Residents still confused about vaccine rollout in Austin-Travis County may have some of their questions answered Friday morning during a weekly media briefing with local health leaders.
Dr. Mark Escott, interim Austin-Travis County Health authority, will be joined by Austin Public Health Director Stephanie Hayden-Howard at 11:15 a.m. to hopefully clear up much confusion regarding vaccine distribution under the state’s new hub system.
Every media outlet in Travis County is allowed to ask Escott and Hayden-Howard two questions about vaccines or anything related to coronavirus cases. The American-Statesman plans to ask questions regarding two main concerns raised by readers this week:
How does Austin Public Health select the next person to receive a vaccine appointment among the more than 60,000 qualifying residents who are already pre-registered? Is it done by who pre-registered first, random selection, or residents from a particular zip code?If a qualifying Austin-area resident has insurance, should they still sign up to receive a vaccine through Austin Public Health or try to find one somewhere else? Many residents were confused from mixed messaging about uninsured residents being prioritized through the initial vaccine rollout.
The confusion for Austin-Travis County residents began last week after the Texas Department of State Health Services under Abbott’s guidance decided to focus on supplying vaccination hubs — large community sites with the stated goal of vaccinating 100,000 people across the state each week.
After the announcement, Austin Regional Clinic sent emails to all qualifying patients at its 14 Austin area locations, saying they did not qualify as a hub and would not receive another shipment of vaccine in the near future. Patients were told to find a vaccine by any other official means, pointing them to Austin Public Health.
Austin Public Health last week launched its pre-registration system for the vaccine rollout, which any Texas resident by state law can sign up for in hopes of receiving a dose.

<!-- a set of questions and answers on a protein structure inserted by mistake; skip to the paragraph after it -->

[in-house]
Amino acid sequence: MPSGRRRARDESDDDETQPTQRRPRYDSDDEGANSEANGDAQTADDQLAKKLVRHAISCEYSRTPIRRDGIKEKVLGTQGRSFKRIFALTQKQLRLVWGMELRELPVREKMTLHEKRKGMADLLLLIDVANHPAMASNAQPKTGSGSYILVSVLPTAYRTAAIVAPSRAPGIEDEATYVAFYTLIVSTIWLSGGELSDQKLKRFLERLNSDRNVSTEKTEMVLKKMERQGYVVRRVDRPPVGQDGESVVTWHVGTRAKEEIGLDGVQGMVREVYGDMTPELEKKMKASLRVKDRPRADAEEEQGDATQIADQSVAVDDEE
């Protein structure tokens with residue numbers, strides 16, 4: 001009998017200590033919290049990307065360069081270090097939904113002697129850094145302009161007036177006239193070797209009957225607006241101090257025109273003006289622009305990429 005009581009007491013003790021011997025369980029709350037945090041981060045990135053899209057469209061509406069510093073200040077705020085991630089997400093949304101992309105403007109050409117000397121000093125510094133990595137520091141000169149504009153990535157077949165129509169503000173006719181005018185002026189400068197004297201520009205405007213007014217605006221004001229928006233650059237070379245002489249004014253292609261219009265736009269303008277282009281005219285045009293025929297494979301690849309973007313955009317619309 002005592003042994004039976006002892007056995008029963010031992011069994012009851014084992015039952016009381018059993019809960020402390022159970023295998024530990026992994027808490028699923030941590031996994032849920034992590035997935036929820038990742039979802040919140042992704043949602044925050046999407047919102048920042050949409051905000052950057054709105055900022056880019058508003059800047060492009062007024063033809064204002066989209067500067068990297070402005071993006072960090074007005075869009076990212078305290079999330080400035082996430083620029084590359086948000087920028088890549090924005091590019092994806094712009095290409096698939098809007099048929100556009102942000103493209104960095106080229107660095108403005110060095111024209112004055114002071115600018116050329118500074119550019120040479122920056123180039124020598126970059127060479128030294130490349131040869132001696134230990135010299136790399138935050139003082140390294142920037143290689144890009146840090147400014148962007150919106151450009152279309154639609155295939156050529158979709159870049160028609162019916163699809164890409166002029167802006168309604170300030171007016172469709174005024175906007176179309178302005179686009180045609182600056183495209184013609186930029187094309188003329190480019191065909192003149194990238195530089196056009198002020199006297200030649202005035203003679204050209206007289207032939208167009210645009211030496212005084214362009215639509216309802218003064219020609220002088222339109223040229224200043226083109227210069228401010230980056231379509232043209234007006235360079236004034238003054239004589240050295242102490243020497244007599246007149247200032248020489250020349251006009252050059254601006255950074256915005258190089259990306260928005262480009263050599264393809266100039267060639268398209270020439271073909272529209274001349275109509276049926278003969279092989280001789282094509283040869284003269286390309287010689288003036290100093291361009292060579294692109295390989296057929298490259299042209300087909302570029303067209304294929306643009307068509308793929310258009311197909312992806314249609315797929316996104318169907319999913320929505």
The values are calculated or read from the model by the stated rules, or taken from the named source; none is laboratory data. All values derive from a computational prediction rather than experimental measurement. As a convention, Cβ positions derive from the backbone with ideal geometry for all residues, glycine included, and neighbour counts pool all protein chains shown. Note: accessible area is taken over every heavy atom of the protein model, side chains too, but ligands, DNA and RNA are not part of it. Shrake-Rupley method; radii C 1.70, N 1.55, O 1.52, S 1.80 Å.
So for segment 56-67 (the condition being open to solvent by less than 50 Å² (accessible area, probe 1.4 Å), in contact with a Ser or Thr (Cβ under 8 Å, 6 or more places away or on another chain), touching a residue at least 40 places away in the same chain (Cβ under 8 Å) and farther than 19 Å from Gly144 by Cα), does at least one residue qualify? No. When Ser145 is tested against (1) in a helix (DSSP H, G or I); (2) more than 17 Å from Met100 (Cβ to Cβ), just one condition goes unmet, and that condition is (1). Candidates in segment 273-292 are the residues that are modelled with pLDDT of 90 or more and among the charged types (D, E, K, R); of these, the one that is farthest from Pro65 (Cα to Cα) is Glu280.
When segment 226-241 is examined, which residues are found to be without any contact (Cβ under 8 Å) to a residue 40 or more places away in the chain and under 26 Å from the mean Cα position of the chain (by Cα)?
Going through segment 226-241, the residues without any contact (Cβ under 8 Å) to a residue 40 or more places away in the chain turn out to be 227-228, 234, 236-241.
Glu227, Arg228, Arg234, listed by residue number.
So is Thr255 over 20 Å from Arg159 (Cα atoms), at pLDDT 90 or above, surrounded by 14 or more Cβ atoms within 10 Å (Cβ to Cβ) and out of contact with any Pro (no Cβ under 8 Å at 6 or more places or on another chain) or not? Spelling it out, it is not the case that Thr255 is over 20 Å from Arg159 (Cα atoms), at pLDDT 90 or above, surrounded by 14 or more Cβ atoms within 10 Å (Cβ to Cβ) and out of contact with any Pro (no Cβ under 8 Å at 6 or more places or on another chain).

However, Austin Public Health officials in a recent briefing said they planned to prioritize giving its shipments of doses to residents without insurance. The mixed messaging from local health leaders and health care providers left many locals unsure of what to do to get on a waiting list for a dose.
Austin Public Health officials in a written statement on Thursday tried to clear things up, saying residents with insurance can sign up through the system.
While many Austin area residents are keeping their technology close as they wait for a call or email from Austin Public Health letting them know of an appointment, others say they found a loophole and were able to receive their vaccine this week.
Patients who were older than 65, or younger if they have underlying health conditions, said they waited on the pre-registration site until an appointment showed up in the system.
Austin Public Health on Thursday said those who have pre-registered do not need to repeatedly check in on the website, but that they should instead just wait to be contacted. The appointments that popped up were from individuals canceling, which officials last week said doesn’t happen often.
“We ask our community members to be patient,” the statement said. “There are over 60,000 people currently qualified to receive the vaccine who have pre-registered with Austin Public Health. We are distributing the vaccine as efficiently and equitably as possible, but unfortunately supplies of the vaccine are still very limited in Austin, Texas and the U.S.”
Austin Public Health officials said of the 12,000 vaccines received from the state this week, 3,200 have already been administered to residents as of Thursday evening.
This is a developing story; check back for updates.
Watch the public briefing live here on Friday at 11:15 a.m.: http://www.austintexas.gov/page/watch-atxn-live